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NY utilities signal that they will consider electrification to offset gas demand


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NY utilities signal that they will consider electrification to offset gas demand

Future natural gas supply planning in New York will take into account the potential for building electrification and fossil fuel alternatives to displace gas distribution, state multi-utilities said.

The utilities addressed the issue in their initial response to a statewide regulatory proceeding that seeks to align gas planning with New York climate policies (N.Y. PSC case 20-G-0131). These policies, along with barriers to new interstate gas pipelines, are having a "profound impact" on long-term gas system planning and creating a need to evolve, the utilities said in a July 17 filing.

Moving forward, stakeholders should design the planning process to meet anticipated gas demand through "all viable supply-side and demand-side resources, such as electrification, energy efficiency, and demand response initiatives."

SNL Image

Climate policies passed under Gov. Andrew Cuomo and New York City Mayor Bill de Blasio, at microphone, have challenged regulators and utilities to rethink long-term gas system planning.

Source: New York City mayor's office

The utilities that jointly filed the report included Central Hudson Gas & Electric Corp.; Consolidated Edison Inc. subsidiaries Consolidated Edison Co. of New York Inc. and Orange and Rockland Utilities Inc.; National Fuel Gas Distribution Corp.; Avangrid Inc. subsidiaries New York State Electric & Gas Corp. and Rochester Gas & Electric Corp.; and National Grid USA subsidiaries Brooklyn Union Gas Co., KeySpan Gas East Corp. and Niagara Mohawk Power Corp.

The filing addressed a concern raised by the New York Public Service Commission, or PSC: the rising dependence on peaking services to meet gas demand. These include contracting for compressed natural gas, or CNG, delivered by truck to fill the supply gap left by a lack of firm gas transportation service. Underscoring the concerns was a recent decision by Williams Cos. Inc. to cancel a gas pipeline project into New York City after the state denied the developer a critical water permit.

An earlier permit rejection prompted National Grid to implement a moratorium on new gas hookups in 2019, precipitating a months-long standoff with the state that ended in a $36 million settlement. During the dispute, Gov. Andrew Cuomo signed into law the Climate Leadership and Community Protection Act, which codified New York's goal of achieving net-zero greenhouse gas emissions by 2050.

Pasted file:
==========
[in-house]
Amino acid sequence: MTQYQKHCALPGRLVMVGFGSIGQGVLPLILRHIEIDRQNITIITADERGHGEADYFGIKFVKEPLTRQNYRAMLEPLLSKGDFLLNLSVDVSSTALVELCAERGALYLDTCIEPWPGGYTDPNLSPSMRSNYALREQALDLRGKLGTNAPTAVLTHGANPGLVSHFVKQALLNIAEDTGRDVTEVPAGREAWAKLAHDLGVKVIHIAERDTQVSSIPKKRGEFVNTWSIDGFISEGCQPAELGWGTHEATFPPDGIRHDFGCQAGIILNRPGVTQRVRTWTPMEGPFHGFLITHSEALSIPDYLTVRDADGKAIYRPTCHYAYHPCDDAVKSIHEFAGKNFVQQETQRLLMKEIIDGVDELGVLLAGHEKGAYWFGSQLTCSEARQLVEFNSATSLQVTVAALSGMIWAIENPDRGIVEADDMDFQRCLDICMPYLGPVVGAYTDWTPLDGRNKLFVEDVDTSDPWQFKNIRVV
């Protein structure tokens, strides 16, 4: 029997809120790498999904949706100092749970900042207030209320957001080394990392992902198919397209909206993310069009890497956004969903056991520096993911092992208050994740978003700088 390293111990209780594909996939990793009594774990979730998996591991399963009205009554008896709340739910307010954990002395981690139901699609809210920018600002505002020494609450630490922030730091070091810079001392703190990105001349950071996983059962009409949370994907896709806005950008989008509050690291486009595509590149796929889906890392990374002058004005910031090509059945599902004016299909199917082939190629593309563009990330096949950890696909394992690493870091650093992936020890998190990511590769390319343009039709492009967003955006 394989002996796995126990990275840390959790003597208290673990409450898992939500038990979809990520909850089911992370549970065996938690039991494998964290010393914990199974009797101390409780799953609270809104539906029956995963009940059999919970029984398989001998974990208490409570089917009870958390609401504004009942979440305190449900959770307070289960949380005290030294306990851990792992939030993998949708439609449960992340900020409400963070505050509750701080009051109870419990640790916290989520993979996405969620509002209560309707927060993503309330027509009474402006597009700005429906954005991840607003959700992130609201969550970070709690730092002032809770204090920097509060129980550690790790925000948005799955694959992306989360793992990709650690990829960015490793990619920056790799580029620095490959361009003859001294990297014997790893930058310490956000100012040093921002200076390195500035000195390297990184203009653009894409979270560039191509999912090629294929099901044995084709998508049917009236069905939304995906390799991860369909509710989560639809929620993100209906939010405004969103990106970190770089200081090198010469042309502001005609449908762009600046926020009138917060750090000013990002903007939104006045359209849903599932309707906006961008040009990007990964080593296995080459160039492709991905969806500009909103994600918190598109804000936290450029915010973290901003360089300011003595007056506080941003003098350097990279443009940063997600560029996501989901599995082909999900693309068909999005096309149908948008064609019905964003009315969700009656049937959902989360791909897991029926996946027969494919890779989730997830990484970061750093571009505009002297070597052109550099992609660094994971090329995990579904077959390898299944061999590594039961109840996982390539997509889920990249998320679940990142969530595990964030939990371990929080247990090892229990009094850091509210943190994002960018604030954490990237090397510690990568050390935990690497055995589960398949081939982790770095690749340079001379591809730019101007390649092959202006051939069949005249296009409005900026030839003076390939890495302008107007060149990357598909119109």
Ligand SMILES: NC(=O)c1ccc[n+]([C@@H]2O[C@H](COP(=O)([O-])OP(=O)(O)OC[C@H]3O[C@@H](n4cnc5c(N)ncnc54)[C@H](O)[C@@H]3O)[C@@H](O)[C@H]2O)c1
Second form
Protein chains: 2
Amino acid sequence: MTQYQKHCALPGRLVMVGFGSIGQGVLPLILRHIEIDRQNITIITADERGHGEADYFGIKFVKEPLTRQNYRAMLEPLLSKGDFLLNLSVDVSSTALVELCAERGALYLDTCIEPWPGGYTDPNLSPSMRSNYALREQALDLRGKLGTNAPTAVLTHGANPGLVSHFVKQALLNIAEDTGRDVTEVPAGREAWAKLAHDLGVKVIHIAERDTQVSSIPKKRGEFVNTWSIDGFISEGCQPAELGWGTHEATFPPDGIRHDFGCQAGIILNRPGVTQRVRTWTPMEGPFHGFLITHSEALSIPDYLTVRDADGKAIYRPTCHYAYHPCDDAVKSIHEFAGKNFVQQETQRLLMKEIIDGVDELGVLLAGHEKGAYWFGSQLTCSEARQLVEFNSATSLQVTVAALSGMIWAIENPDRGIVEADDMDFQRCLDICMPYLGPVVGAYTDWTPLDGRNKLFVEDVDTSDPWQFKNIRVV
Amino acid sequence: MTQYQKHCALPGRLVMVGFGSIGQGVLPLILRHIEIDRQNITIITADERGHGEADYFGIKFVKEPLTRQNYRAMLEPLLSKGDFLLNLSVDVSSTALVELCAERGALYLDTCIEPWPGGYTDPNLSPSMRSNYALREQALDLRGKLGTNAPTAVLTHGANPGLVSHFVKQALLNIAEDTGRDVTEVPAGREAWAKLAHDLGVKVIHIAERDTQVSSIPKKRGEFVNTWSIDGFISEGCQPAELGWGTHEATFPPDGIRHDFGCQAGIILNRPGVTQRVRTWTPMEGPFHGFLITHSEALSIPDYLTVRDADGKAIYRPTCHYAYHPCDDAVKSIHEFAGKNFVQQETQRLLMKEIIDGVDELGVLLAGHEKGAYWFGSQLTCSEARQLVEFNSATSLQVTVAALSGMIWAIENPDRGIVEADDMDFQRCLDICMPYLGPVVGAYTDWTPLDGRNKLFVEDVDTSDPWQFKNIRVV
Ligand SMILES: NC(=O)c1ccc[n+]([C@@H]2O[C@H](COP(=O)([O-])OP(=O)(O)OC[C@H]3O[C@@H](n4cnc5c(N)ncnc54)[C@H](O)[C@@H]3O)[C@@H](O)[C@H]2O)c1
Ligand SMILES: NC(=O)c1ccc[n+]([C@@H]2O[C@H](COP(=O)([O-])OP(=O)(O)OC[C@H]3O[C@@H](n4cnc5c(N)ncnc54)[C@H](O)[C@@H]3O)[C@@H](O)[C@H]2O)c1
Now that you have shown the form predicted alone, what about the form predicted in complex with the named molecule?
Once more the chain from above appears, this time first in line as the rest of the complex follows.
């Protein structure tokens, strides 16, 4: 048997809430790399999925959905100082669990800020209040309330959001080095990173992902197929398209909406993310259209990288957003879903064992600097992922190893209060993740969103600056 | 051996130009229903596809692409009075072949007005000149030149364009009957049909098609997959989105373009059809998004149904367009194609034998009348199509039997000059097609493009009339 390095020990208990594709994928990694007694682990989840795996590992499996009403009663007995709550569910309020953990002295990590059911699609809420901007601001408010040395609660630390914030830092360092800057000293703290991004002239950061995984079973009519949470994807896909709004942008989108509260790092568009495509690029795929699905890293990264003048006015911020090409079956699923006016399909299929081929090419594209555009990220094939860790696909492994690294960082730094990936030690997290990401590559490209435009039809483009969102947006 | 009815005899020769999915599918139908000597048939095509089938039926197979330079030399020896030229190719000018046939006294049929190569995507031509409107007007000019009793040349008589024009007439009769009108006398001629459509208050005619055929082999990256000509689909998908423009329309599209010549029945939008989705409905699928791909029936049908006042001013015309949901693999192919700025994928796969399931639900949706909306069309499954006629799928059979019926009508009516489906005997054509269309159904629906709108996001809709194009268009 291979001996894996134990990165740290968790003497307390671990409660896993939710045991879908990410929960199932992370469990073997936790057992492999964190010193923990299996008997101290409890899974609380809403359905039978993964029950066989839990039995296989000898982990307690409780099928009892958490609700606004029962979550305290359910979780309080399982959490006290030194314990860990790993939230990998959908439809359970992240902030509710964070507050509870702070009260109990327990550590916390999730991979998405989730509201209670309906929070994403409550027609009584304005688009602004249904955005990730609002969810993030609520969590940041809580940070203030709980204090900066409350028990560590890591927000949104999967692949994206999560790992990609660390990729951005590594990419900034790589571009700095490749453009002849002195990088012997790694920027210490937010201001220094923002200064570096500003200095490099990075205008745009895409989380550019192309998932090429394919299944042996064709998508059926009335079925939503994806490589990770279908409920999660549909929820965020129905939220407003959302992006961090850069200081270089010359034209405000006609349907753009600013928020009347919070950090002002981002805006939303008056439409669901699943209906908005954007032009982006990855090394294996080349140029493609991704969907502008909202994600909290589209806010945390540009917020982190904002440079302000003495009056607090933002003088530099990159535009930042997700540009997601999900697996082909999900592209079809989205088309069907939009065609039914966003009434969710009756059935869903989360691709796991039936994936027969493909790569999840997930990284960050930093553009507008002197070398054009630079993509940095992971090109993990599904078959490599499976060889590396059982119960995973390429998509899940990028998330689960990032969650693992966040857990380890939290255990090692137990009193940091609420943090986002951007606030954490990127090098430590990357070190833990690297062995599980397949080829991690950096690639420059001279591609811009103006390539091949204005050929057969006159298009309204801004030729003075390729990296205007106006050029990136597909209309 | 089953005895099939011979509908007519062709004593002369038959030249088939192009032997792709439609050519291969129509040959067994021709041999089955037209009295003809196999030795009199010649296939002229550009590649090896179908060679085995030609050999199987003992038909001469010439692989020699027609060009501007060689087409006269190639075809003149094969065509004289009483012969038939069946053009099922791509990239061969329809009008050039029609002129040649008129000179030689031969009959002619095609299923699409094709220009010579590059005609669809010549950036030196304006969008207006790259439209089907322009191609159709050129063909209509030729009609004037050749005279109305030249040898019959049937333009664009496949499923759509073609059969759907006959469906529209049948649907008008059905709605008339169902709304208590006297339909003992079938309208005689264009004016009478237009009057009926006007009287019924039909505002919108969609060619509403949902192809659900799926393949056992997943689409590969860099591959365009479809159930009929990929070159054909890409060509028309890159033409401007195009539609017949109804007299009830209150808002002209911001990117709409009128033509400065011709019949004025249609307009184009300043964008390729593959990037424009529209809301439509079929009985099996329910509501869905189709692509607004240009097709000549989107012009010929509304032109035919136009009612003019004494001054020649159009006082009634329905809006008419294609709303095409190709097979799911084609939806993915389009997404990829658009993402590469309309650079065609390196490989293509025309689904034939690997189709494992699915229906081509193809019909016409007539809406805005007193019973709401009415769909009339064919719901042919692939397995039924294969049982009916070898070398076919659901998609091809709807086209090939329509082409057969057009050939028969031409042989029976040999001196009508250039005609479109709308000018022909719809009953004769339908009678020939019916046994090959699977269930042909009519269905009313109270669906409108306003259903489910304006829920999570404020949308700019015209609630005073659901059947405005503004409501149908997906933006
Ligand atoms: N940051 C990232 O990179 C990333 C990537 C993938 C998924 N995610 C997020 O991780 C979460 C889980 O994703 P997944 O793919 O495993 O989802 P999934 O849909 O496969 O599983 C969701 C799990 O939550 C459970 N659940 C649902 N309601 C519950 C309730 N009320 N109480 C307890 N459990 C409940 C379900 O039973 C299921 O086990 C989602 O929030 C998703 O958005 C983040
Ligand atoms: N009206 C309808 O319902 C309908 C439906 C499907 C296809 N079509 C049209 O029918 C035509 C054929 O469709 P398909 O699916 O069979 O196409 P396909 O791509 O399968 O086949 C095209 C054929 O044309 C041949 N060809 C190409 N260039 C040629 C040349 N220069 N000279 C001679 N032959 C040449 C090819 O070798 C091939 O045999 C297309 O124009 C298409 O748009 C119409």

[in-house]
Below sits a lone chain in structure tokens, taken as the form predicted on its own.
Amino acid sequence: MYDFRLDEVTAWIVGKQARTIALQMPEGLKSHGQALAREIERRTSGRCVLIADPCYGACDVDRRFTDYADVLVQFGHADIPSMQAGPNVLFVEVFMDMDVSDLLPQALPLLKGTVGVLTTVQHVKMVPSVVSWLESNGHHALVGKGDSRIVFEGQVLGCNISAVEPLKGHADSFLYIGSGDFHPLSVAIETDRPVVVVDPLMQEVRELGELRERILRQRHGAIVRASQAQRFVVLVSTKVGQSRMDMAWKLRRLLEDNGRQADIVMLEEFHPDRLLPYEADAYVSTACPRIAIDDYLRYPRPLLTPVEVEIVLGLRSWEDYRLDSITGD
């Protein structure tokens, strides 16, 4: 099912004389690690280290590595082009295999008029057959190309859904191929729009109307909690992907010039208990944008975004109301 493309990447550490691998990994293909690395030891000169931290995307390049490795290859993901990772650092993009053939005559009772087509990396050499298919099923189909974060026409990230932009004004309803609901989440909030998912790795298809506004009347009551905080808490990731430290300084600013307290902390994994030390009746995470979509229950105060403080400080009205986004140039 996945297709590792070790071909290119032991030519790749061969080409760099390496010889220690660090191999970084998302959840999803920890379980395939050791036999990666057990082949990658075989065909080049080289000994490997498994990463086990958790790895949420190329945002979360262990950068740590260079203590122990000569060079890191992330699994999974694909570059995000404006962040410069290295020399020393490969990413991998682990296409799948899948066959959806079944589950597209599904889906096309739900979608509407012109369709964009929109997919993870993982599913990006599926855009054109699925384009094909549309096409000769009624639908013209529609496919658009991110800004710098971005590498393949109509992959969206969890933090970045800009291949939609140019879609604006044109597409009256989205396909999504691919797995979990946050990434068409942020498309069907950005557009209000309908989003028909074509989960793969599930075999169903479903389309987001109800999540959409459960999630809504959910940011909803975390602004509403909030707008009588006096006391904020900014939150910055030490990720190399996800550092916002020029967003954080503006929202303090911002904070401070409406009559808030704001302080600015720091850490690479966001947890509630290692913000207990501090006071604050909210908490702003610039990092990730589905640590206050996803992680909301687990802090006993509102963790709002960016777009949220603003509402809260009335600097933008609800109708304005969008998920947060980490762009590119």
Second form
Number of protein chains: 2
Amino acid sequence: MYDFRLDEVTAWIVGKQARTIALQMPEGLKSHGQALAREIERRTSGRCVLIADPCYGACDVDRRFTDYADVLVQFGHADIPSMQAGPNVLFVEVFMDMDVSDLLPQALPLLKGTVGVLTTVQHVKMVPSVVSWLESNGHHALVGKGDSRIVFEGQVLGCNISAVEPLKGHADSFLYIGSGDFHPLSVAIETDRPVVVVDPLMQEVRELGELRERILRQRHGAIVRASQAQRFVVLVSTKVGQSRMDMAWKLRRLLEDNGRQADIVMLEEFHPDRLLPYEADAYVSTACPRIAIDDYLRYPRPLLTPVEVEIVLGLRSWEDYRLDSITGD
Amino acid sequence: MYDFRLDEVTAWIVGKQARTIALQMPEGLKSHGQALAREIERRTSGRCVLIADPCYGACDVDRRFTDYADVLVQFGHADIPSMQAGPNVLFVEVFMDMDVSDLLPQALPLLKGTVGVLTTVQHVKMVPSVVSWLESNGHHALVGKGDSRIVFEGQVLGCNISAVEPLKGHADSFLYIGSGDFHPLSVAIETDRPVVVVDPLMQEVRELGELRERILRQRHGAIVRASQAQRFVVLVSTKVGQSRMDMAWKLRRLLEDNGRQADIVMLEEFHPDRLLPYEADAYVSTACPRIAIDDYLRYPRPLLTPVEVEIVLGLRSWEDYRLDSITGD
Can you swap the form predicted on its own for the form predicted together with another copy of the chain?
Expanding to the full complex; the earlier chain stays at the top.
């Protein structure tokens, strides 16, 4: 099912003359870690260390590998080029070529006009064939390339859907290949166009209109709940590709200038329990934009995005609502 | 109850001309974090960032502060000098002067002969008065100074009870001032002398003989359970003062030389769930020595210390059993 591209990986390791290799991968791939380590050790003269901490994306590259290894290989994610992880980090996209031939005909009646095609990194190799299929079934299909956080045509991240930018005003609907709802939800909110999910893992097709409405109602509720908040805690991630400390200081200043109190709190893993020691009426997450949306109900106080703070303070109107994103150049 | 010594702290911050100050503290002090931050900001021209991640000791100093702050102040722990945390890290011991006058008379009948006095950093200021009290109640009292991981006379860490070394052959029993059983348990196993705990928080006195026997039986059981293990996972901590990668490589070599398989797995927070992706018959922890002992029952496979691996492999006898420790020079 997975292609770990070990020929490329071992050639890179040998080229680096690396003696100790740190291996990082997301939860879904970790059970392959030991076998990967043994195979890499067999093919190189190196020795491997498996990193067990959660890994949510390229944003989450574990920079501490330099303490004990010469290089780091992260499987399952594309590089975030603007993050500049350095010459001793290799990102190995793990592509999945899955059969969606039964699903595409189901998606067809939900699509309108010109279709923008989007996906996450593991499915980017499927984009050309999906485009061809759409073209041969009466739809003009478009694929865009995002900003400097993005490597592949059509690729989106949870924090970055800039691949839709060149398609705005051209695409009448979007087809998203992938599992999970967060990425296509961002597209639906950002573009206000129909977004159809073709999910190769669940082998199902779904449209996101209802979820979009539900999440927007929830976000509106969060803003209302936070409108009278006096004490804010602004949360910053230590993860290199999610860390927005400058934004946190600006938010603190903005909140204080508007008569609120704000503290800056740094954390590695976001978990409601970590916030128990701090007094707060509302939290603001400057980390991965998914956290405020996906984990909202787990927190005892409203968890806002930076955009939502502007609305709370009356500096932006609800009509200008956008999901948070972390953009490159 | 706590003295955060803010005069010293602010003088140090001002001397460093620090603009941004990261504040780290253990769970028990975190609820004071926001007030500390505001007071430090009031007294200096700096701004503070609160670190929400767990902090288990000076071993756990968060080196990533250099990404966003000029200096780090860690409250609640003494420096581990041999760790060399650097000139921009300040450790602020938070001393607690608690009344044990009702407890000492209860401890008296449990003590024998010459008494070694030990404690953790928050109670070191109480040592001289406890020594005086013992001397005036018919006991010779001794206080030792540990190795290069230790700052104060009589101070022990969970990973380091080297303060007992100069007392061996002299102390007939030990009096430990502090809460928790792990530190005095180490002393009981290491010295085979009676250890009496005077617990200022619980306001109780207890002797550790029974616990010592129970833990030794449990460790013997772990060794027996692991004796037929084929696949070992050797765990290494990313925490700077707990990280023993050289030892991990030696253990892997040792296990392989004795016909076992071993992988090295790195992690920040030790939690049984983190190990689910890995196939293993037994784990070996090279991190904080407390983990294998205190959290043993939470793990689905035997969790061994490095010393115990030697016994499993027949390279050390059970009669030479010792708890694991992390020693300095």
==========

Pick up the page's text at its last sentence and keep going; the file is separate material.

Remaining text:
Also in 2019, New York City adopted a building performance standard that requires property owners to cut greenhouse gas emissions. Mayor Bill de Blasio has since called for phasing out gas use in city buildings, part of a growing movement to electrify buildings.

In the new policy environment, full or partial home and commercial building electrification is one potentially viable option for reducing peak day demand, the utilities said. Other options for maintaining safety, reliability and affordability include energy efficiency, demand-side resources and alternatives to pipelines.

The utilities also raised the prospect of tapping renewable natural gas, or RNG, a fuel refined from methane waste sources like farms, landfills and wastewater plants. However, they said RNG's potential to complement electrification depends on technology improving the availability and economics of the fuel, they said. In the longer-term, utilizing hydrogen resources through power-to-gas operations may also help decarbonize the gas distribution system, the utilities added.

The companies included the proposal to consider alternatives to natural gas in a set of design principles to guide a revamped long-term gas system planning process. The principles also maintained the utilities' duty to provide safe and reliable service while striving to meet New York's climate and economic development goals in a cost-effective manner.

As part of the filing, the companies proposed a framework for evaluating the reliability of peaking services, which regulators can use to review long-term supply plans. The framework would take into account the risk that a resource will not be available when called upon, as well as the risk that a contract for service cannot be renewed. The framework would use historical data to qualify a resource's contribution to the utility's overall capacity.

The utilities also proposed a set of standards for declaring, managing and lifting a moratorium on new service hookups in cases where supply constraints emerge. Under the proposal, utilities would seek to identify vulnerable areas up to five years ahead of halting new hookups, and they would implement a communications plan before the moratorium goes into effect.

The utilities separately filed reports on parts of their service territories that are at risk of supply constraints.